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I can't wrap my head around how the SR Latch works. Seemingly, you plug an input line from R, and another from S, and you are supposed to get results in Q and Q′.

However, both R and S require input from the other's output, and the other's output requires input from the other other's output. What comes first the chicken or the egg??

When you first plug this circuit in, how does it get started?

SR Latch

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    \$\begingroup\$ I finally found a really fantastic answer in the book But How Do It Know. You can see it at the link on page 24. \$\endgroup\$ – CodyBugstein Apr 16 '13 at 4:43
  • \$\begingroup\$ For the better understanding of SR Latch thoroughly and how it behaves for the different inputs like 00, 01, 10 and 11 check this video out. www.youtube.com/watch?v=VtVIDgilwlA‎ \$\endgroup\$ – user35445 Jan 12 '14 at 6:57
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A perceptive question. In fact, if you build this latch in a simulation program, it will indeed show you that it can't predict what state it will start in:

RS latch with NOR gates, most signals are colored RED for "unknown"

But if you set one of the inputs high (those are pushbuttons on the left), the signal will propagate through (remember, 1 OR [anything] equals 1) and the circuit will latch that state:

Same latch; one input is high; the lines all turn light or dark green

These are NOR gates, so the inverted output goes low when either input is high. The program I used is Logisim. It is small, and I recommend it for starting out. Logic compilers (FPGA and everything else) love to complain about uninitialized states. This was a great first example.

Now, I know that in real life, the circuit will randomly latch into one or the other state on its own. Many others have pointed that out. But sometimes, it's important that it reliably start in one state or another, and that's what all the warnings are about.

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  • \$\begingroup\$ Thanks for the great explanation.. If I get you right, when plugged in, the circuit starts off in some random state? \$\endgroup\$ – CodyBugstein Mar 22 '13 at 4:56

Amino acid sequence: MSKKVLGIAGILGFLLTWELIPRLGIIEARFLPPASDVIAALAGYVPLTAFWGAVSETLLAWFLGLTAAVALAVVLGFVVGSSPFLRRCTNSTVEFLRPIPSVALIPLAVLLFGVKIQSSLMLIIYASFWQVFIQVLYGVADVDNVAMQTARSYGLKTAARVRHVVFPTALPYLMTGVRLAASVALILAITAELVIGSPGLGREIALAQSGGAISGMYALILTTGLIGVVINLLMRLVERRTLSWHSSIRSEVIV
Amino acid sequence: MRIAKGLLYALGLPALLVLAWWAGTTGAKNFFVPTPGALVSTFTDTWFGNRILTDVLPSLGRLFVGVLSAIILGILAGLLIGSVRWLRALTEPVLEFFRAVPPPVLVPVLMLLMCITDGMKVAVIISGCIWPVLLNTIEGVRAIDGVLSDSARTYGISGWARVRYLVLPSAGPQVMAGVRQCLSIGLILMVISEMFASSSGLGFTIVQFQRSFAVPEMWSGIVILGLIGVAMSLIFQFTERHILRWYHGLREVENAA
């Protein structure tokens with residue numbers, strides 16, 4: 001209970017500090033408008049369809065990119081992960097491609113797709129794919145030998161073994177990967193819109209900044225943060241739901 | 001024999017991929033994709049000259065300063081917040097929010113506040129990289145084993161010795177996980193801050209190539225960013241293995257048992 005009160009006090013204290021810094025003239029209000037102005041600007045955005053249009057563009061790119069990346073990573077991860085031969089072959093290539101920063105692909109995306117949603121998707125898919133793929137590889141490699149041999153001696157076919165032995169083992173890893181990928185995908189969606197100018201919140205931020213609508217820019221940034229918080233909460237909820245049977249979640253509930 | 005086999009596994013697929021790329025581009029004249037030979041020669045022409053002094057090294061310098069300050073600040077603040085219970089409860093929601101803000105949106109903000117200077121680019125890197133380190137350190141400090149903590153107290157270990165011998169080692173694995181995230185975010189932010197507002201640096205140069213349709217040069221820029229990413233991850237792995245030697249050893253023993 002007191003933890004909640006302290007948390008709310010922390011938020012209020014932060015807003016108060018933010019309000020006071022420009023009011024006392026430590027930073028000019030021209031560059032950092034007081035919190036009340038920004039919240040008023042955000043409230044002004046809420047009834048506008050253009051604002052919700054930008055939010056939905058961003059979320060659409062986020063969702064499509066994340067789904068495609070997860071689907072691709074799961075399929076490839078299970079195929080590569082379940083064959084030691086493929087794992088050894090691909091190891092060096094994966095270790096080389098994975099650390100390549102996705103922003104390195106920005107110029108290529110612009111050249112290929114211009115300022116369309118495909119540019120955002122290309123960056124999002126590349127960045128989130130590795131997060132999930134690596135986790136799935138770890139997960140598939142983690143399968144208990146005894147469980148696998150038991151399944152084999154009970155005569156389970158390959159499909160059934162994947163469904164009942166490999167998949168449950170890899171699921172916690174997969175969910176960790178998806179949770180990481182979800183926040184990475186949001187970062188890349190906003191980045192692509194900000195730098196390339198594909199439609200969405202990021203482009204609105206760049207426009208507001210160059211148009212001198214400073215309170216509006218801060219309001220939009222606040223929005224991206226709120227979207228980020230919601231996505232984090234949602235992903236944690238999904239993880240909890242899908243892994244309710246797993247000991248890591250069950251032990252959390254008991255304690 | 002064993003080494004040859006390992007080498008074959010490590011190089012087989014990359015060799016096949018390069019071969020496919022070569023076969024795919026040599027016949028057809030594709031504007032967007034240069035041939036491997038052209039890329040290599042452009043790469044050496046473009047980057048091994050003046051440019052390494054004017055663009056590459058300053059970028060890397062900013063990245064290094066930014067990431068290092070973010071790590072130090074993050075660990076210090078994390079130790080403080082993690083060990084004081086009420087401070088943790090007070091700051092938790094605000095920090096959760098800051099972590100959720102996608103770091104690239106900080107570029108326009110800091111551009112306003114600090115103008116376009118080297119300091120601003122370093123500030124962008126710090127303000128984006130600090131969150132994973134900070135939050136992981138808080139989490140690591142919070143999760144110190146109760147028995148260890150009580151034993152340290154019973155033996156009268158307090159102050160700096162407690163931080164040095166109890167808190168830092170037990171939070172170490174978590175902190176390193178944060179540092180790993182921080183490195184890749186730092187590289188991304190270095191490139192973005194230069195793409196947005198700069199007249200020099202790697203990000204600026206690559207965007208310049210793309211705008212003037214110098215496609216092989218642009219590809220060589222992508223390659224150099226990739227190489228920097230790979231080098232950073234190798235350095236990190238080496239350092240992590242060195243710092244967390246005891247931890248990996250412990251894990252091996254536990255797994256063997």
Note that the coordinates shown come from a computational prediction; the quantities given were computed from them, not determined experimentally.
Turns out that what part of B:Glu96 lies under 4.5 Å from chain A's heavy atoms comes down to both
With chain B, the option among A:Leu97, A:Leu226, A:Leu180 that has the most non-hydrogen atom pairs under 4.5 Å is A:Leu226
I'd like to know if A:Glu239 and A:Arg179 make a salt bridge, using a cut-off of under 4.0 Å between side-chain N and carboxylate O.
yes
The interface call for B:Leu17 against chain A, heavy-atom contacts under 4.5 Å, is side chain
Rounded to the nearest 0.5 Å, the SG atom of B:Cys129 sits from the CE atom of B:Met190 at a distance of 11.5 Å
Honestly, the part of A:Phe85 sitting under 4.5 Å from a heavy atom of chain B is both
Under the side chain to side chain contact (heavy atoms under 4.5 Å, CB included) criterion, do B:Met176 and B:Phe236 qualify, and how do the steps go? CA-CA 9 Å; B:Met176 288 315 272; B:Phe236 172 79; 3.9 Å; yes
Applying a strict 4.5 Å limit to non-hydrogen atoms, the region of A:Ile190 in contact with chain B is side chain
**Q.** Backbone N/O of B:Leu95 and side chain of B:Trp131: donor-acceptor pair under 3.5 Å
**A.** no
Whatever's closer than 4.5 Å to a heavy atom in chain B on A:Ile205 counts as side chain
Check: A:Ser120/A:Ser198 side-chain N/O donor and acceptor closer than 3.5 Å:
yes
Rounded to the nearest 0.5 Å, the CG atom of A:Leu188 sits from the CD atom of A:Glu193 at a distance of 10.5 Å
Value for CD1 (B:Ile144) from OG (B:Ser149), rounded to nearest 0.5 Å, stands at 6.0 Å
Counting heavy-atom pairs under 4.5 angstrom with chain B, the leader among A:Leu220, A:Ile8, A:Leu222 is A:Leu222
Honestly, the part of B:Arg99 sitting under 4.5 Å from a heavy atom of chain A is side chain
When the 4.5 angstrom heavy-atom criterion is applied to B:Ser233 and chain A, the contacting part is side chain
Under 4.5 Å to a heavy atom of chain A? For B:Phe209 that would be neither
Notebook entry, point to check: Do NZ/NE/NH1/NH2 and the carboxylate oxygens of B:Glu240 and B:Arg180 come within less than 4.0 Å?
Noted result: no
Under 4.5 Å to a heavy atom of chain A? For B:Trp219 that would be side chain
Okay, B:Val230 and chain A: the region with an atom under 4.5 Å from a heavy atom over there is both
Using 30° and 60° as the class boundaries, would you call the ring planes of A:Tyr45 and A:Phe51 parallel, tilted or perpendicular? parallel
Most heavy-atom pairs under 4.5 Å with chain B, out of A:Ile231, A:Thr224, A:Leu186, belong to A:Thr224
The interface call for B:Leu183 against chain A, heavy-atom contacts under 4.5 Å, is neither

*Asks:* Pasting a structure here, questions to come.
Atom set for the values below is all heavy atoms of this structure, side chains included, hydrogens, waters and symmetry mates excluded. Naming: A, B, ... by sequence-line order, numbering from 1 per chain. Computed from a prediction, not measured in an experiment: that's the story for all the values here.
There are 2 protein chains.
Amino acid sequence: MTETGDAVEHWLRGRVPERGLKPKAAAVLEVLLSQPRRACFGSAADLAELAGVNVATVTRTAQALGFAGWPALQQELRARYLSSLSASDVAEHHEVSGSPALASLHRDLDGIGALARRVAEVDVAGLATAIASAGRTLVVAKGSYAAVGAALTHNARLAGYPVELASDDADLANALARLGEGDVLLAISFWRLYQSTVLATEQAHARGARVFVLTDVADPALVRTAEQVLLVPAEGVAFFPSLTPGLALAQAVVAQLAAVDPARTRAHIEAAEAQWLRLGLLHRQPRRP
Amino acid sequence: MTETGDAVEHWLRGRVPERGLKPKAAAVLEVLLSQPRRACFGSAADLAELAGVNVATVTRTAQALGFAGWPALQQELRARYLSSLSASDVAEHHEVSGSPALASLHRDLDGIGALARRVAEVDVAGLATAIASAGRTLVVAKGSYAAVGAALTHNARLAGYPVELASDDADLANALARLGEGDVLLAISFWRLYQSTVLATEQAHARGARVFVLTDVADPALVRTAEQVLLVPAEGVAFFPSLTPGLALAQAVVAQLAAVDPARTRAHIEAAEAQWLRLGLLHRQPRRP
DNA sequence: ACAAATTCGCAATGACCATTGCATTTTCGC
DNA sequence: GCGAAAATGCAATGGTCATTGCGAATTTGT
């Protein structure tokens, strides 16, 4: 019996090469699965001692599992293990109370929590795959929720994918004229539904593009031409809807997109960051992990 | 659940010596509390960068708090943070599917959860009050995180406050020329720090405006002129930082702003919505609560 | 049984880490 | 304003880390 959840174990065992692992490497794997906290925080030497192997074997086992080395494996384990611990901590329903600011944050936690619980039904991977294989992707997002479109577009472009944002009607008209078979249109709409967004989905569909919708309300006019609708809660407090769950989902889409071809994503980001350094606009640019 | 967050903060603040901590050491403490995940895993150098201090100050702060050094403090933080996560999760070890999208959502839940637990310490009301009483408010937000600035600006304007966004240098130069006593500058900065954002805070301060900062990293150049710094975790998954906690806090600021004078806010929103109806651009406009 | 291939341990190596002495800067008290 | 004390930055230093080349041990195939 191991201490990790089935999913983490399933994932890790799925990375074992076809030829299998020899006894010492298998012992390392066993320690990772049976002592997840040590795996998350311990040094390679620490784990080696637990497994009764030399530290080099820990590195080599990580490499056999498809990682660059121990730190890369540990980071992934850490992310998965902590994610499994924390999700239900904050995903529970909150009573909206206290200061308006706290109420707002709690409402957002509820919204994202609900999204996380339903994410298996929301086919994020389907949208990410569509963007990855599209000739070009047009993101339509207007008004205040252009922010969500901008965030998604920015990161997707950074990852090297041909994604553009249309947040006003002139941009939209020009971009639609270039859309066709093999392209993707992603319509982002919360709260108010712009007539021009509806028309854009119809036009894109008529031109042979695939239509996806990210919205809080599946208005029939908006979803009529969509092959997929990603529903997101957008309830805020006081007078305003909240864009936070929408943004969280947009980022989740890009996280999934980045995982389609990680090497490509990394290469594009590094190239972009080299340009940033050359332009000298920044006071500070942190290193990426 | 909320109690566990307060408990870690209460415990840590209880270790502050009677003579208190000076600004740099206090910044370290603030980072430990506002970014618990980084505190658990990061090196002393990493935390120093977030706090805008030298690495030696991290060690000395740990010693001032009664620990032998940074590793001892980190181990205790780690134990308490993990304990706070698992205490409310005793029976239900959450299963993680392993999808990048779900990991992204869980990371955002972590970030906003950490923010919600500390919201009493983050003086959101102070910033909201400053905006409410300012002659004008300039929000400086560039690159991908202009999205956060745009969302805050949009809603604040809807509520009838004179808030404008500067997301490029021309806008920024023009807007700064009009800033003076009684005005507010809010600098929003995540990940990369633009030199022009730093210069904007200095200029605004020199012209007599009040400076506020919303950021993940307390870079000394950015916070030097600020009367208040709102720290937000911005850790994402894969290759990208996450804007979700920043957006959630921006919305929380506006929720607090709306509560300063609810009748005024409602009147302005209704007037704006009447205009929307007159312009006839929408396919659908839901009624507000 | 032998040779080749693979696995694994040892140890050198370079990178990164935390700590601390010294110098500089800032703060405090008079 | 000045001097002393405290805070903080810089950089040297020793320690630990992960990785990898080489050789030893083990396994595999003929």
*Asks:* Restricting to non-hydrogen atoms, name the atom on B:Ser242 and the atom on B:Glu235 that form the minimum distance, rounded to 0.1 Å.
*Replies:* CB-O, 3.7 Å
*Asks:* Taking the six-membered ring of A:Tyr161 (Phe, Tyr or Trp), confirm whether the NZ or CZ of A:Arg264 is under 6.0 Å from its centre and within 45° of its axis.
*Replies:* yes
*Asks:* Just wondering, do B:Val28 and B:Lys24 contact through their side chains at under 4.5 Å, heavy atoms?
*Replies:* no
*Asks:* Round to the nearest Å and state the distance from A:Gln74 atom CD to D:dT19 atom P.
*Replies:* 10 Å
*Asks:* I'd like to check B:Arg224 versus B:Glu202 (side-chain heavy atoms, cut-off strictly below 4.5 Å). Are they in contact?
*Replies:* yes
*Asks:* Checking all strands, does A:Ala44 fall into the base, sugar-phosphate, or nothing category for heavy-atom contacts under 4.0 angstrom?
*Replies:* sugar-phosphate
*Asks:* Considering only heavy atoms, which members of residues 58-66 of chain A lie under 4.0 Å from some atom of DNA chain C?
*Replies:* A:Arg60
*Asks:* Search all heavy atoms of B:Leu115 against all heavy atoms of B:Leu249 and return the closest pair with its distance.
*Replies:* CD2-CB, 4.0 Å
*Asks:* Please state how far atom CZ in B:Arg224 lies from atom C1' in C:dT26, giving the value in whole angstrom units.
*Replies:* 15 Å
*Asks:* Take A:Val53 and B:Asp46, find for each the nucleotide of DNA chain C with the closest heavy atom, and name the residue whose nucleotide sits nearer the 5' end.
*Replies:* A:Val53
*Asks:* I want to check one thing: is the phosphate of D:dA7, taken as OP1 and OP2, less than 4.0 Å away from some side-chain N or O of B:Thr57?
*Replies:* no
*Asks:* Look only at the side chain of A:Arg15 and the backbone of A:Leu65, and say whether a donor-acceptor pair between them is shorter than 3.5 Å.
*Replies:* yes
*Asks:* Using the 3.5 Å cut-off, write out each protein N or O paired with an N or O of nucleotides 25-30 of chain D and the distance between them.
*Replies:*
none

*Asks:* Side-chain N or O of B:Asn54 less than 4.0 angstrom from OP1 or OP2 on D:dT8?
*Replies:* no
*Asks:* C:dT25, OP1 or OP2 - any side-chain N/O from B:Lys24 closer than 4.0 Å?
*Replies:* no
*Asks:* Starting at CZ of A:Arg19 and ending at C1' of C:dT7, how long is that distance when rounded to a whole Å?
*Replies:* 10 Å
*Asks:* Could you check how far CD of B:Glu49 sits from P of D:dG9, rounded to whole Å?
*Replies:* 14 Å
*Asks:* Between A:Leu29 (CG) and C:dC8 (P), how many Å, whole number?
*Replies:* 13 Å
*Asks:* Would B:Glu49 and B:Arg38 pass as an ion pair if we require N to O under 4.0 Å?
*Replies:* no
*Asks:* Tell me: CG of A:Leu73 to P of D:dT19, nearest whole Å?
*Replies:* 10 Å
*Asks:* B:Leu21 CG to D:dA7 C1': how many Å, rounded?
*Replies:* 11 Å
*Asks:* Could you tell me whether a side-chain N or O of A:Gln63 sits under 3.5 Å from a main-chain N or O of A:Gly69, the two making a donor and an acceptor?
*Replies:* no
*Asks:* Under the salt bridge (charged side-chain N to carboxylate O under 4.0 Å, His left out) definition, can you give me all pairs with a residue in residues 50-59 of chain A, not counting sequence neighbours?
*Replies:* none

• \$\begingroup\$ @Imray I would not use the phrase "random state" but "undefined state". It could randomly choose, it could be the same thing every time, the important thing is you don't know and don't care. All you need to do is realize you must initialize the latch (by pulsing R or S high briefly) before you start relying on the output. \$\endgroup\$ – Scott Chamberlain Mar 22 '13 at 14:24
  • \$\begingroup\$ I just reread your answer and understood things I previously missed. Great explanation! \$\endgroup\$ – CodyBugstein Apr 21 '13 at 23:36
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A flip-flop is implemented as a bi-stable multivibrator; therefore, Q and Q' are guaranteed to be the inverse of each other for all inputs except S=1, R=1, which is not allowed. The excitation table for the SR flip-flop is helpful in understanding what occurs when signals are applied to the inputs.

S R  Q(t) Q(t+1)   
----------------
0 x   0     0       
1 0   0     1   
0 1   1     0   
x 0   1     1   

The outputs Q and Q' will rapidly change states and come to rest at a steady state after signals have been applied to S and R.

Example 1: Q(t) = 0, Q'(t) = 1, S = 0, R = 0. 

State 1: Q(t+1 state 1)  = NOT(R OR Q'(t)) = NOT(0 OR 1) = 0
         Q'(t+1 state 1) = NOT(S OR Q(t)) =  NOT(0 OR 0) = 1

State 2: Q(t+1 state 1)  = NOT(R OR Q'(t+1 state 1)) = NOT(0 OR 1) = 0